Comparative Negligence And Its Effect On Auto Insurance Premiums
There are three ways that liability is determined after an auto accident. The oldest, and least used method, is contributory negligence. However, most states now use either pure’ or ‘modified’ comparative negligence methods. Since thirty-seven states use a comparative type, we will focus on better understanding each type and the effect it has on auto insurance premiums.
Traditionally, when an accident occurred, the contributory negligence doctrine was used in calculating liability. Under this model, total fault could be assigned to one or neither driver, but never to both. The use of contributory negligence failed to address the frequency of accidents where both drivers were partially at fault.
To more accurately assign financial liability that resulted from auto accidents, increasing numbers of US states are using either the ‘pure’ or ‘modified’ type of comparative negligence. This model allows a percentage of fault and consequently, liability, to be assigned to each driver.
Where the two types differ, is on how these assigned percentages can be used making claims against each driver’s insurance company. The ‘pure’ type is used in 13 states. Using a pure comparative approach, unless 100% at-fault, a driver can collect damages against the other driver. The amount of damages each driver is entitled to, is equal to his/her total costs less the costs associated with their percentage of fault.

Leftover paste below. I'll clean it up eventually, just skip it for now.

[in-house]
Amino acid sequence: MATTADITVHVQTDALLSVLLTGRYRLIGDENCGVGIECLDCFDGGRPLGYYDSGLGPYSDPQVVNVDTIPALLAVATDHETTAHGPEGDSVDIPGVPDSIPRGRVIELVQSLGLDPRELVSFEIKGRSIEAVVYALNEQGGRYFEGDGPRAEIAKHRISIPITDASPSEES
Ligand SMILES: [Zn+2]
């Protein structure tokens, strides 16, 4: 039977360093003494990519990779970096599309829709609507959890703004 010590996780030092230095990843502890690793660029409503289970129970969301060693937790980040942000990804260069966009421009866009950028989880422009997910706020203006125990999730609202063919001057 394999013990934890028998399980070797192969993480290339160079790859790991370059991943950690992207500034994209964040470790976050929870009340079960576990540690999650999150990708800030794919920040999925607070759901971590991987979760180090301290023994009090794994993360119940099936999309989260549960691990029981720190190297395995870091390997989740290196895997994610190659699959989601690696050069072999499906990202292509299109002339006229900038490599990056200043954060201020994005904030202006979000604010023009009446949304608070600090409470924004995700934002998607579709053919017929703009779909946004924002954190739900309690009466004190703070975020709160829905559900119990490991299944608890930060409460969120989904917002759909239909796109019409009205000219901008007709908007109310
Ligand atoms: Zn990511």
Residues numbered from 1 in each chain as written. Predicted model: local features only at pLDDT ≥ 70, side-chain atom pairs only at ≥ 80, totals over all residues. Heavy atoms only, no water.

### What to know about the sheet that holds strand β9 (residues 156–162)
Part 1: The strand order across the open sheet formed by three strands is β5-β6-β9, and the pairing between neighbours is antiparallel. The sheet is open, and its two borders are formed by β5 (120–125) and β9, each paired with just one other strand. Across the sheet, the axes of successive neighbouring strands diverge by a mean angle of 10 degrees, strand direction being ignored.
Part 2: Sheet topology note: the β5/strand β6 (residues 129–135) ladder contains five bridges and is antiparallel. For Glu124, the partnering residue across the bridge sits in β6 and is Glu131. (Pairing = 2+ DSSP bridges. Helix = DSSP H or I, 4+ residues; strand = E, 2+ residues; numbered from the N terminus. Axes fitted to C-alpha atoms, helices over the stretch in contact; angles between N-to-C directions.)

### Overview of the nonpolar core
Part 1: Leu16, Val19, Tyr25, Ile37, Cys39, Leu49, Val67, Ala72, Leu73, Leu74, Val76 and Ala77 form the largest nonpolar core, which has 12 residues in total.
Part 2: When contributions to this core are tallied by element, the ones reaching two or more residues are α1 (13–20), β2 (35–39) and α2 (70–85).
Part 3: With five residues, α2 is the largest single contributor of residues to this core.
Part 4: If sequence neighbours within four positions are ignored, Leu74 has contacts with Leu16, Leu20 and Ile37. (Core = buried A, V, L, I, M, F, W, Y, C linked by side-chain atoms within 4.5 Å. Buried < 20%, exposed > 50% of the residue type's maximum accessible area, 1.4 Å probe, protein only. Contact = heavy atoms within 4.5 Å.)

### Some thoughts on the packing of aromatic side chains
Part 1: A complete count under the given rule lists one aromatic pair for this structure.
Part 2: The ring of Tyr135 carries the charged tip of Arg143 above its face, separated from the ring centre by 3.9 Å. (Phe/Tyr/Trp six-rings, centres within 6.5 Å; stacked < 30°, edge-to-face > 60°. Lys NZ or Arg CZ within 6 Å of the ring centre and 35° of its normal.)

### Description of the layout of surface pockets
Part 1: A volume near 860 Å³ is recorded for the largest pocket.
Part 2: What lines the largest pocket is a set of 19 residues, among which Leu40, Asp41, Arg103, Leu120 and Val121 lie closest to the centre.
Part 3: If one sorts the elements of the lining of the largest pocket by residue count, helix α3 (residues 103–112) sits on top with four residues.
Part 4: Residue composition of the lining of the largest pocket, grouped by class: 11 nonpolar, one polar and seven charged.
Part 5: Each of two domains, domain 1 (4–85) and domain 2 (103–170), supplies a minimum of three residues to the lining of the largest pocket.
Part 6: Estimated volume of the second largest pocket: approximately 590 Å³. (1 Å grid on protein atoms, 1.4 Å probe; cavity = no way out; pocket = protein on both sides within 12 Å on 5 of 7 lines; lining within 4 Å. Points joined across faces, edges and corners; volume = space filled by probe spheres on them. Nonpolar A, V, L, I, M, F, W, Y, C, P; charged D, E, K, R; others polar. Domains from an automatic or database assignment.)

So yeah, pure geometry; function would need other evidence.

The most common method of assessing liability is the ‘modified’ version of the comparative type. This method is used in 33 states. Like the pure type, discussed above, a modified comparative approach looks at the percentage of fault each driver had in causing the accident. However, unlike the ‘pure’ comparative method, with the ‘modified’ comparative approach, a driver can only make a claim against the other driver’s insurance if he/she is less than 50% at fault in the accident.
States that assess accident fault using a comparative method have fewer no-fault accidents compared to states where using the contributory doctrine The decrease in no-fault accident results in an increase in the amount paid out in insurance claims. As a result, auto insurance premiums are slightly higher for all drivers compared to those paid by drivers in the 4 states still using the contributory negligence doctrine. However, the benefit to drivers in states using a comparative model is that following a major accident (when the driver bears majority fault), the driver is less likely to have their policy canceled or incur the high premium increases because his auto insurance company was forced to pay on 100% of the accidents expenses. The decrease in costs from policy cancellation or rate increases is substantially higher than the slight state-wide increase in average premiums in states using comparative methods.